In his best-seller Men Are from Mars, Women Are from Venus, John Gray talks about men “going to their caves.” Yet in financial planning, both genders often retreat from difficult situations and decisions. This harms financial futures – especially women’s.
On average, women live longer, which matters when saving and investing. In 2012, the Institute for Health Metrics and Evaluation found that men live an average of 76.2 years, compared with 81.3 years for women.
This means the average woman’s retirement savings needs to outlast that of her male peers by five years.
How can women address this gap? Women need to save more, start saving earlier and invest more aggressively early in life.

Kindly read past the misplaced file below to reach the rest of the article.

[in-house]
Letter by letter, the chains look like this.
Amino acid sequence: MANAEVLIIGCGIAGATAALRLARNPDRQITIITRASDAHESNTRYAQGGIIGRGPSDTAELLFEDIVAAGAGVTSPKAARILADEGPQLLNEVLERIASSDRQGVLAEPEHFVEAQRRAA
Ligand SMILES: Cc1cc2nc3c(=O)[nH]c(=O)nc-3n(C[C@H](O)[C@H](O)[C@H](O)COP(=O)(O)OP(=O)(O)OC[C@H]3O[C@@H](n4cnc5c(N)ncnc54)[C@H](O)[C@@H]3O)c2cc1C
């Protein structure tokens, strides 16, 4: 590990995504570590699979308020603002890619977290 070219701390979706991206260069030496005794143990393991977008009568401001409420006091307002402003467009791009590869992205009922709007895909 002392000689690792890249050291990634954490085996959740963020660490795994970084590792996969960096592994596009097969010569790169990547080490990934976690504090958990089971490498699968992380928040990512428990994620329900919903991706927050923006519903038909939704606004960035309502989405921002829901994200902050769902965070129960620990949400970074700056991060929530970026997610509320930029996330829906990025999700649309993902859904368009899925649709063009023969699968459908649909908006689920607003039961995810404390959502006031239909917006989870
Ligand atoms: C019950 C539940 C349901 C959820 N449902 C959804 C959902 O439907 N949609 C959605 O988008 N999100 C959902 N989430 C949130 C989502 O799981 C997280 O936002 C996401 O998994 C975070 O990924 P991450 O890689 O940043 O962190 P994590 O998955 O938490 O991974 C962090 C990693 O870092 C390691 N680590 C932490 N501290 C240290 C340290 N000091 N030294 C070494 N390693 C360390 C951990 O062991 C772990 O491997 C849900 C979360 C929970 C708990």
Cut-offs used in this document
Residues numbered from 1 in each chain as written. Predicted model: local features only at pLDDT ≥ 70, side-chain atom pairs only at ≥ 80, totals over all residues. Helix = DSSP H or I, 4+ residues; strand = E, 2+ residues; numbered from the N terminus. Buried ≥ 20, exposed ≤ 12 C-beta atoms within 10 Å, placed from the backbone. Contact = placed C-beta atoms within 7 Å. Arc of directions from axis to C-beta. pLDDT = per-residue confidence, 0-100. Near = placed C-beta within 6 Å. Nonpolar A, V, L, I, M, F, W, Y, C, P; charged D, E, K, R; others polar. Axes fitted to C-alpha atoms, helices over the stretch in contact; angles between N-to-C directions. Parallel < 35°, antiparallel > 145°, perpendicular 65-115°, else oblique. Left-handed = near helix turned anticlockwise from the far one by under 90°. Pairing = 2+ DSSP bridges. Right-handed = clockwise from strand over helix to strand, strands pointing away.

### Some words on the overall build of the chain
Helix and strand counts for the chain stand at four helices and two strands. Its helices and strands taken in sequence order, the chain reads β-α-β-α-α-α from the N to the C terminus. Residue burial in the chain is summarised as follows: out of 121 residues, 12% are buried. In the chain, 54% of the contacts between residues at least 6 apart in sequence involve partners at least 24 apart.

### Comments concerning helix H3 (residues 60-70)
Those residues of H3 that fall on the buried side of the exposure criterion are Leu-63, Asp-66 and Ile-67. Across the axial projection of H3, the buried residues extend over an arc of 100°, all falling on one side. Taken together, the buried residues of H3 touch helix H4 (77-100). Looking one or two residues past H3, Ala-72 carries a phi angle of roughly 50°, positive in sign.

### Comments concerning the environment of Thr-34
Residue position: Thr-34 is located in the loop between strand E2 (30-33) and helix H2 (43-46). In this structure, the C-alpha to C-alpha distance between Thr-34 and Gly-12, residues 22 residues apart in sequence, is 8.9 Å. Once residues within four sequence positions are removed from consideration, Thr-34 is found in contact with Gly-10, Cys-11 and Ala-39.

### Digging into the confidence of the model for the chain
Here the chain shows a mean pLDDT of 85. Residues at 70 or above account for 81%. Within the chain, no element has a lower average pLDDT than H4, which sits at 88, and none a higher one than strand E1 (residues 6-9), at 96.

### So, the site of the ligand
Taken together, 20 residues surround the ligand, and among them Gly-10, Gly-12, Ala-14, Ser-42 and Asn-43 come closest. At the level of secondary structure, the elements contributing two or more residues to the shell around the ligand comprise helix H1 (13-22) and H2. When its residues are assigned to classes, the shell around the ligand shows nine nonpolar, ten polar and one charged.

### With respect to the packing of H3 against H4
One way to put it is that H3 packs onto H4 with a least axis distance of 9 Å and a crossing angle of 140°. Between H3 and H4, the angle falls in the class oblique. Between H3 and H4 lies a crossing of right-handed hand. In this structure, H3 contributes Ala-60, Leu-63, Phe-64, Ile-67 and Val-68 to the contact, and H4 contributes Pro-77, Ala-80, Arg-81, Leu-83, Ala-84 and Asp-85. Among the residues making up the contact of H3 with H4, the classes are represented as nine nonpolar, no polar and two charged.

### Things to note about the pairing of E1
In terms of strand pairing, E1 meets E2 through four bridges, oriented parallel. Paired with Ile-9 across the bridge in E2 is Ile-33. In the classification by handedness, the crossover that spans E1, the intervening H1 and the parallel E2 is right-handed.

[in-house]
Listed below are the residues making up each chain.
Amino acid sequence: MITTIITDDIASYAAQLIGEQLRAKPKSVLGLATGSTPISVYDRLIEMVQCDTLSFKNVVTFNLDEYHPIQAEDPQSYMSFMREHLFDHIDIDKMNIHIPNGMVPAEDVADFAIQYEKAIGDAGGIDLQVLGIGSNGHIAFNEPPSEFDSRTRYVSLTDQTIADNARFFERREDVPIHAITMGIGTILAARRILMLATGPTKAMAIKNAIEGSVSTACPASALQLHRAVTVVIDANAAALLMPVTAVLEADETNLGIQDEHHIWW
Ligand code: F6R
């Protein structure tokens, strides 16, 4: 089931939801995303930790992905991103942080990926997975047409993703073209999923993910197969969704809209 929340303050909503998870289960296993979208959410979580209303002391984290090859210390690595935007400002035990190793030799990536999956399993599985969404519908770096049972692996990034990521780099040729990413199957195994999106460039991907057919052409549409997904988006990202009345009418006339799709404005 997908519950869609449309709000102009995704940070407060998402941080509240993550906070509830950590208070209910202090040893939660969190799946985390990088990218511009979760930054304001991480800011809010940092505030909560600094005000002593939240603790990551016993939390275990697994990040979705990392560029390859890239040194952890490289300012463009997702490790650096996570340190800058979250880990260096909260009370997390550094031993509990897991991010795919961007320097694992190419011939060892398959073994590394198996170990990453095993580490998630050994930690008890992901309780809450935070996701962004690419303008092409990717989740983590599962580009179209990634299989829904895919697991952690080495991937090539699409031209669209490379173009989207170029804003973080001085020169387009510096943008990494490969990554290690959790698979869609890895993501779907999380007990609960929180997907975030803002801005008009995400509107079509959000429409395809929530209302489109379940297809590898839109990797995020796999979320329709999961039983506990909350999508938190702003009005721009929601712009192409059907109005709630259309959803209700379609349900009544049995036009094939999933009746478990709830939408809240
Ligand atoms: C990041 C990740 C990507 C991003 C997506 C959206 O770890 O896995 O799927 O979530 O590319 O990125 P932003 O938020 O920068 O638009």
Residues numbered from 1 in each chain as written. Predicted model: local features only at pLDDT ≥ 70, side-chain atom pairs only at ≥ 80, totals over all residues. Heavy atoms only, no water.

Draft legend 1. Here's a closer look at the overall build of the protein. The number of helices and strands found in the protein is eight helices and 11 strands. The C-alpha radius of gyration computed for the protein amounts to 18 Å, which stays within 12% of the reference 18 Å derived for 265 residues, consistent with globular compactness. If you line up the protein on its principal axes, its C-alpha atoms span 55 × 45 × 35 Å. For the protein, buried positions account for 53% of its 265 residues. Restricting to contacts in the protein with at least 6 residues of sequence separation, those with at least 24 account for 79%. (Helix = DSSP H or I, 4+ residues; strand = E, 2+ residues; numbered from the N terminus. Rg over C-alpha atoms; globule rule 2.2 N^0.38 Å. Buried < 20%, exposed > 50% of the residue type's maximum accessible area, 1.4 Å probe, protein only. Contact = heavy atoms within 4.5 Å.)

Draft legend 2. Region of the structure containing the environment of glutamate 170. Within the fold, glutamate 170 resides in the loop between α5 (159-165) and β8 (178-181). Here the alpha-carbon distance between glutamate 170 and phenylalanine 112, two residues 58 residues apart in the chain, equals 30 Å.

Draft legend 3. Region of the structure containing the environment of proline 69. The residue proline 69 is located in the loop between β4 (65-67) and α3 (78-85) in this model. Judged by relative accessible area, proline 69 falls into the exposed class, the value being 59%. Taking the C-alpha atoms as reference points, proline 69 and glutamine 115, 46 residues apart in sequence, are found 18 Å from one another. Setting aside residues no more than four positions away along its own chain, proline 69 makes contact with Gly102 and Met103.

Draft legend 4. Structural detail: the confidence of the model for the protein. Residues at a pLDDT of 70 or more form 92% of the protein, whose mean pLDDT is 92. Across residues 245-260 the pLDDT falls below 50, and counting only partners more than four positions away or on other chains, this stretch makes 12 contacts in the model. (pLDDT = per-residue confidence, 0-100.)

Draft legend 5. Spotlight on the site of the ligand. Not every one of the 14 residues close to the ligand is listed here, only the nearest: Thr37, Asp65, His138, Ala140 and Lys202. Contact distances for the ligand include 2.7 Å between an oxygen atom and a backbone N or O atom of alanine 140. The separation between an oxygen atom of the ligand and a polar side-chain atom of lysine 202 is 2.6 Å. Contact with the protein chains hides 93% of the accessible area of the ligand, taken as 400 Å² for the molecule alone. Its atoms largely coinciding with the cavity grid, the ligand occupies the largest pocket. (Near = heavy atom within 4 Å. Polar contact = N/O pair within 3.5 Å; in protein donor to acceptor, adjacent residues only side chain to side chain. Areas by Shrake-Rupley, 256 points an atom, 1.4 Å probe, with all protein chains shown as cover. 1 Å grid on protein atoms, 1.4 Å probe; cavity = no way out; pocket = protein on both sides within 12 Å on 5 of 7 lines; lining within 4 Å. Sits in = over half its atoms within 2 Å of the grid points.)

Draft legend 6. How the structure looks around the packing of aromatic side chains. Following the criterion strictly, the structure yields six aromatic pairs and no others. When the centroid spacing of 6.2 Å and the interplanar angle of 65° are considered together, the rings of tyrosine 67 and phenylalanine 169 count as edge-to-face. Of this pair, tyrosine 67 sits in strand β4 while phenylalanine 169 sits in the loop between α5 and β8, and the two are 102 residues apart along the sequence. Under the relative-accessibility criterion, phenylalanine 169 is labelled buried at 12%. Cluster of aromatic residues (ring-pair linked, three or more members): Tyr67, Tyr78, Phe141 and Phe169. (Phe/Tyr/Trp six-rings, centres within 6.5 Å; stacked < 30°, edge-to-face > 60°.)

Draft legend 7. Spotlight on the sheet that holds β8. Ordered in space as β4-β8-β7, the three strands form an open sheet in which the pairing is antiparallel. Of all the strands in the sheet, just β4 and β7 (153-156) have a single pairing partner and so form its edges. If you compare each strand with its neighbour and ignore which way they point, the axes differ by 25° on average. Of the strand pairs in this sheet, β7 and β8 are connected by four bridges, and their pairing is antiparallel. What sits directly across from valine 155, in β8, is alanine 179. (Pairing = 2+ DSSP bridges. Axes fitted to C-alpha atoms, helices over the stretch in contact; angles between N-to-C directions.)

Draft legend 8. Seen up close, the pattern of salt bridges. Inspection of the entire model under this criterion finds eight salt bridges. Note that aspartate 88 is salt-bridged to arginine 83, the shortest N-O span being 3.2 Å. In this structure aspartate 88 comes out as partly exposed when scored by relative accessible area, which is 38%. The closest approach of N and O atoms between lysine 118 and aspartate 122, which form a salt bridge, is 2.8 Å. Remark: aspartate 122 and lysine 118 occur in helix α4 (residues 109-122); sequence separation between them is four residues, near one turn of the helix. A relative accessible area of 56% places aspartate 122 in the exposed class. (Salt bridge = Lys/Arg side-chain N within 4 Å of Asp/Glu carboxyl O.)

Generally, women tend toward less investment risk than men. Taking on lower risk may lead to lower average rates of return on women’s long-term investments and therefore women may need to save even more for retirement. Here are some tips:
Put yourself first. Sometimes women spend more time first helping others financially. Examples include:
• Saving for children’s college costs rather than for her own retirement (conventional financial wisdom holds that saving for your retirement comes before saving for a child’s higher education)
• Financially supporting her parents, children or grandchildren
• Spending time out of the workforce to care for children, grandchildren or elderly parents.
Often, women out of the workforce don’t save and invest. Worse, they may live off savings at an age when they need to invest money for the future.
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